Monday, December 10, 2007

Imus vs. Hip-Hop

The following article was one that I wrote right around the time that Don Imus was fired. Now that he is back, I thought that some reflection would be good.

Once and for all: DO NOT equate the disparaging words of fallen radio/TV host Don Imus with the disparaging words emanating from SOME of the lyrics in Hip-Hop music. They are NOT the same animal. As Russell Simmons recently indicated on Oprah Winfrey’s show, the rappers in the Hip-Hop community are poets who depict the world that THEY come from and their censorship ought not even be discussed. I DO have issues with the misogynistic and race-deprecating lyrics prevalent in Hip-Hop songs, but I will address that in a different discourse that I can hopefully share with you shortly.

Parallels have been drawn between the comments of other “shock jocks” and Imus’ comments. They have been drawn between Imus’ comments about Rutgers’ women’s basketball team and other comments made by Imus. There was even an example given of some journalist calling Barbara Walters a “mind slut”. None of these comparisons hold water. They don’t compare because none of these other comments open up the speaker or their employer to slander and defamation of character lawsuits. The comments Don Imus uttered about the Rutgers basketball team DO expose Imus, MSNBC, and CBS to such a lawsuit -- one the plaintiffs could easily win.

Journalists and radio/TV talk show hosts/commentators are allowed to give their opinions about public figures/celebrities rather freely -- even when such remarks are somewhat disparaging. The legal rationale is that these public figures/celebrities depend on media exposure for their livelihood and thus have to take the bitter with the sweet. The media helps them make money and so the media is also allowed to cost them money via the opinions of these media personalities. All exposure for them isn’t going to be good and they just have to grin and bear it. The additional rationale is that they have access to other media outlets by which they can and do give their side of the story -- as with Barbara Walters, for example.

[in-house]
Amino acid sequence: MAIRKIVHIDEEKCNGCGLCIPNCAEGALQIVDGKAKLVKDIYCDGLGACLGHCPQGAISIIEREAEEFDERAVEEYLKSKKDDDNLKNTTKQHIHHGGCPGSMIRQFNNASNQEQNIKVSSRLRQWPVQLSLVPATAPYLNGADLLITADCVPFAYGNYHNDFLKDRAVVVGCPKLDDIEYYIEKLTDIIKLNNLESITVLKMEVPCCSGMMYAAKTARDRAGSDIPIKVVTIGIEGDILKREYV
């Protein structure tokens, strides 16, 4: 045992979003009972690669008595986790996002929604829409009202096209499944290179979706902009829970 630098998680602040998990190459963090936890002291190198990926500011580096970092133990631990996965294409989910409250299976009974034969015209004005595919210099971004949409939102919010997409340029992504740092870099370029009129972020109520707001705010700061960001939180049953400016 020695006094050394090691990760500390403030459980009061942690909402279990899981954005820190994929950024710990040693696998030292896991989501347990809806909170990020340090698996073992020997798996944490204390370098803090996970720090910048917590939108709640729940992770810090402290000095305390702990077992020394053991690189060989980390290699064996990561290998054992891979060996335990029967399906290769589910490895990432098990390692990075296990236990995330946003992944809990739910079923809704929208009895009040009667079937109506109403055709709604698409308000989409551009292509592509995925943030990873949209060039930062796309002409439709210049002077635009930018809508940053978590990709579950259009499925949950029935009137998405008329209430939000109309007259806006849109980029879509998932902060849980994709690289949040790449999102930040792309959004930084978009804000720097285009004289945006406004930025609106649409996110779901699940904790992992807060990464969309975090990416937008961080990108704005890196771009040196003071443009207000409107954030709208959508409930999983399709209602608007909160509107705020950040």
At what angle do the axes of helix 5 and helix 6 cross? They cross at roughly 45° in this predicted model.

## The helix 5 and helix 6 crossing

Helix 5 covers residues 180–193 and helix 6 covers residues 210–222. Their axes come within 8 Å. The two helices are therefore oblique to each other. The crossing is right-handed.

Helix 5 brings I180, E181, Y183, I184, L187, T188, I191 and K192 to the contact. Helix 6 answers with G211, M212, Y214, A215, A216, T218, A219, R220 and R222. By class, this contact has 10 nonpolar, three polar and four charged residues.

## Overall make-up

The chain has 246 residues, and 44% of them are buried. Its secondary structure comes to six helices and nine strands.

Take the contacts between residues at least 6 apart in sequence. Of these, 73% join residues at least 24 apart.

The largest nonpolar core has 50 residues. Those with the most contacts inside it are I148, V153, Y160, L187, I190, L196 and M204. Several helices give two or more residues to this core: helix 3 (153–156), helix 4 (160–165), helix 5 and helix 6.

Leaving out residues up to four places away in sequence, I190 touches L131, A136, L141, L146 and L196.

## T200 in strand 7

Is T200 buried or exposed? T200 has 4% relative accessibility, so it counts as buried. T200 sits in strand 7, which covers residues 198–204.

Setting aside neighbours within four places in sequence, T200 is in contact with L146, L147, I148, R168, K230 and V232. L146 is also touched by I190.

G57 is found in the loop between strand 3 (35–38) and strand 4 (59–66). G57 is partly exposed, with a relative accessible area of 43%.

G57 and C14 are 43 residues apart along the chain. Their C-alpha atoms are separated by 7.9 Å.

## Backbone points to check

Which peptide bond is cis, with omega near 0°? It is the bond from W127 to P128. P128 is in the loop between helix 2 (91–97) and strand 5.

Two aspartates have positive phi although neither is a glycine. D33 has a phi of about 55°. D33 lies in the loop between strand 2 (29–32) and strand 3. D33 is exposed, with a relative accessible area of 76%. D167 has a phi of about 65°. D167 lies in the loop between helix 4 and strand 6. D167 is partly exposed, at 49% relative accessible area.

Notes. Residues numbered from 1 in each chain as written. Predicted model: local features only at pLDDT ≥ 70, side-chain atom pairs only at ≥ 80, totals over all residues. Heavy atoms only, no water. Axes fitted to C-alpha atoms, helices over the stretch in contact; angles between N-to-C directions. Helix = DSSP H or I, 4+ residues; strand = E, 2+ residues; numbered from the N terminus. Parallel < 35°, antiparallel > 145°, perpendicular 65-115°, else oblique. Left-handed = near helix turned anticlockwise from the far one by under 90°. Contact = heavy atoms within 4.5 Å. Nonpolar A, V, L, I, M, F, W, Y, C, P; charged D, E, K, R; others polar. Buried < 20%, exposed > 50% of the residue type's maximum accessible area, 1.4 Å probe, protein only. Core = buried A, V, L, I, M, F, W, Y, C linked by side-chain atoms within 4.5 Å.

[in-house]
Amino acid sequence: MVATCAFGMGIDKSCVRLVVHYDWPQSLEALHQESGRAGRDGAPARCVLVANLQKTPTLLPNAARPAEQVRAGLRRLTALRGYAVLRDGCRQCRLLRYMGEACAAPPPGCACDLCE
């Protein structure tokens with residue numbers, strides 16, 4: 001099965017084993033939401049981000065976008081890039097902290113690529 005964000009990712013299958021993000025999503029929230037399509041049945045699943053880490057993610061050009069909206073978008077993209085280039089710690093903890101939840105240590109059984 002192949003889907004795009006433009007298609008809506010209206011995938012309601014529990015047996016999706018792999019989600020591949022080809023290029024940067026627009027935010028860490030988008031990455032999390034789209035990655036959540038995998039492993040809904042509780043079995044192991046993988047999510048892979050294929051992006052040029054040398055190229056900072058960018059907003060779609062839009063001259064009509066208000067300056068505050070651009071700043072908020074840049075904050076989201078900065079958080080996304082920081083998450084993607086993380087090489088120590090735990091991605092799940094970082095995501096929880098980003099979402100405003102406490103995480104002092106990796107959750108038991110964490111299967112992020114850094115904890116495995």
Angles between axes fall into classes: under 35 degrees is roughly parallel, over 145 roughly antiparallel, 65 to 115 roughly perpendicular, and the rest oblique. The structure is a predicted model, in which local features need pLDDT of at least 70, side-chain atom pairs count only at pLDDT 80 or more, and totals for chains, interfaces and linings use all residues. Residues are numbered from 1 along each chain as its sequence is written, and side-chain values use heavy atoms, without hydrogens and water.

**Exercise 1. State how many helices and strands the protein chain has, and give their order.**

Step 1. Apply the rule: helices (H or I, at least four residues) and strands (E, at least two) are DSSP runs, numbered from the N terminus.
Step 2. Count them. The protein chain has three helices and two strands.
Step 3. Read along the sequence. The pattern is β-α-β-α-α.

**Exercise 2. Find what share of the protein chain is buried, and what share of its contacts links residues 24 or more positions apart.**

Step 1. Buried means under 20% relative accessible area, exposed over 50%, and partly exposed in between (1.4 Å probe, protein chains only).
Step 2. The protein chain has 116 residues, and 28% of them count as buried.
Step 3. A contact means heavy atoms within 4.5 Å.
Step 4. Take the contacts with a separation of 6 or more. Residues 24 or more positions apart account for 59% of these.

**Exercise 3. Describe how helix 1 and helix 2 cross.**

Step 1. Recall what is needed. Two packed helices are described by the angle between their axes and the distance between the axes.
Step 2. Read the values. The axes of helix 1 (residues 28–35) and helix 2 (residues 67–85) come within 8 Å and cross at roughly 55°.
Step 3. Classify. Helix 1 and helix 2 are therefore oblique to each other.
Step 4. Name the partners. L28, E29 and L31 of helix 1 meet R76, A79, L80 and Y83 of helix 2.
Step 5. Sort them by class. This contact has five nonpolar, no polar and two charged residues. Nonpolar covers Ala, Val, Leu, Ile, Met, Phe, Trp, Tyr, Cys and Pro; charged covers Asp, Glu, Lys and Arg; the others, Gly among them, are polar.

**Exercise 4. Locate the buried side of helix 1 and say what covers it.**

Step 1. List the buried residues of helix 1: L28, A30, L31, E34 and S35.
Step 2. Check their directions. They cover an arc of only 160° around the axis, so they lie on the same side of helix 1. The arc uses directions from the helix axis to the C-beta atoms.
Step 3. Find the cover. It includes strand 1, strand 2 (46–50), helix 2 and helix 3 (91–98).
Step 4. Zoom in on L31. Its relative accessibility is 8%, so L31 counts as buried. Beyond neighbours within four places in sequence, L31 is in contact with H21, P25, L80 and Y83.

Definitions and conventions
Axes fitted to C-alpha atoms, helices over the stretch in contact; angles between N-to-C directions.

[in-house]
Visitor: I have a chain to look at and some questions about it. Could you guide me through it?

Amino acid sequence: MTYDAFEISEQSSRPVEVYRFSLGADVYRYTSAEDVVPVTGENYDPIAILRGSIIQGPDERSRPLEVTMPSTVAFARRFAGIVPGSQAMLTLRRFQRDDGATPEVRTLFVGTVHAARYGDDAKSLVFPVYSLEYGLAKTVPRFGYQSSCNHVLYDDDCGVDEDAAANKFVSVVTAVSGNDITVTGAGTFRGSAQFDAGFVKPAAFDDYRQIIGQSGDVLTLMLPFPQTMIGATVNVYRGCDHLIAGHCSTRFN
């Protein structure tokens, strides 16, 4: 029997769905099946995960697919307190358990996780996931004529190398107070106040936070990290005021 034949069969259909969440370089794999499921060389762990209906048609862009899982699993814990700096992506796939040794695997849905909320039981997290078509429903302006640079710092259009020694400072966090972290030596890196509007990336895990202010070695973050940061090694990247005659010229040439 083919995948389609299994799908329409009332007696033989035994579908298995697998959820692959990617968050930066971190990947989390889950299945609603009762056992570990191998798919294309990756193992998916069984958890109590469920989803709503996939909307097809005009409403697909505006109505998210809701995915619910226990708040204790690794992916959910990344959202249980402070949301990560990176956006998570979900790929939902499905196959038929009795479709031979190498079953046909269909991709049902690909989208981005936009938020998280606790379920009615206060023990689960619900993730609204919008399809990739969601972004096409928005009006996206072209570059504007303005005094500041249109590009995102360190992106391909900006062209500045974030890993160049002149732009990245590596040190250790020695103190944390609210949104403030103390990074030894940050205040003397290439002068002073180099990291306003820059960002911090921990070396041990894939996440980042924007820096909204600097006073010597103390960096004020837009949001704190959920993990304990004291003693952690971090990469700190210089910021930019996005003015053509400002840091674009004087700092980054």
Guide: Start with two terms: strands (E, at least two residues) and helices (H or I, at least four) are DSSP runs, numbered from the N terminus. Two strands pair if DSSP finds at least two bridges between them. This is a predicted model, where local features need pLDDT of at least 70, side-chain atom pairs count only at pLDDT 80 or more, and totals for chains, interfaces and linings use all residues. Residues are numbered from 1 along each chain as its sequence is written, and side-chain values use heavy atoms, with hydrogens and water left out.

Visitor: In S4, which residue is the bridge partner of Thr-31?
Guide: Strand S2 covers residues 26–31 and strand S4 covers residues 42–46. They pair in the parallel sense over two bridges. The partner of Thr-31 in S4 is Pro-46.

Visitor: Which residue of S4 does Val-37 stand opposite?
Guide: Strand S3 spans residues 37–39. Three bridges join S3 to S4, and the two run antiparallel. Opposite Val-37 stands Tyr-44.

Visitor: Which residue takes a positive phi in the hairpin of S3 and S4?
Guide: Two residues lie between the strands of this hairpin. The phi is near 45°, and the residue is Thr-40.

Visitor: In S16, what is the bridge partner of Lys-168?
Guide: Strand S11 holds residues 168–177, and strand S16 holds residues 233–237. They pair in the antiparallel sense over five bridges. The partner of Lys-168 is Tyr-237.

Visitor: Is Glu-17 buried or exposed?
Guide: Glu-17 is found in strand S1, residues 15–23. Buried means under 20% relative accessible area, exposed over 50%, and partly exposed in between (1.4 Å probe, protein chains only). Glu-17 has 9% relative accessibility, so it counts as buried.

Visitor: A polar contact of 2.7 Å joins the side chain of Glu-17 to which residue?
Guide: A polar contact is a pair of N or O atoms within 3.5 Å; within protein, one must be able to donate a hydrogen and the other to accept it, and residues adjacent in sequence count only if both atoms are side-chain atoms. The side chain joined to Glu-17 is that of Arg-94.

Don Imus uttered slanderous and defamatory remarks about non-celebrities/public figures. They may enjoy some notoriety because of their athletic accomplishments, but their livelihood does not depend on public exposure. They are not professional athletes. They are student-athletes. Therefore, MSNBC and CBS fired Don Imus because his comments opened them up to legal liability that could cost them -- and Imus -- millions of dollars. If they had let him stay on they would be showing tacit approval for his antics. Letting him go shows that such defamation is not condoned by them. And yet, they still could be held liable simply because Imus has a history of making similar racist statements on air. This means that it could be found by a court of law that they “knew or should have known” that he had the potential to expand his comments to specific non-celebrities -- especially if there exist no written prohibitions in this area that Imus could be deemed well aware of at the time of his defamation.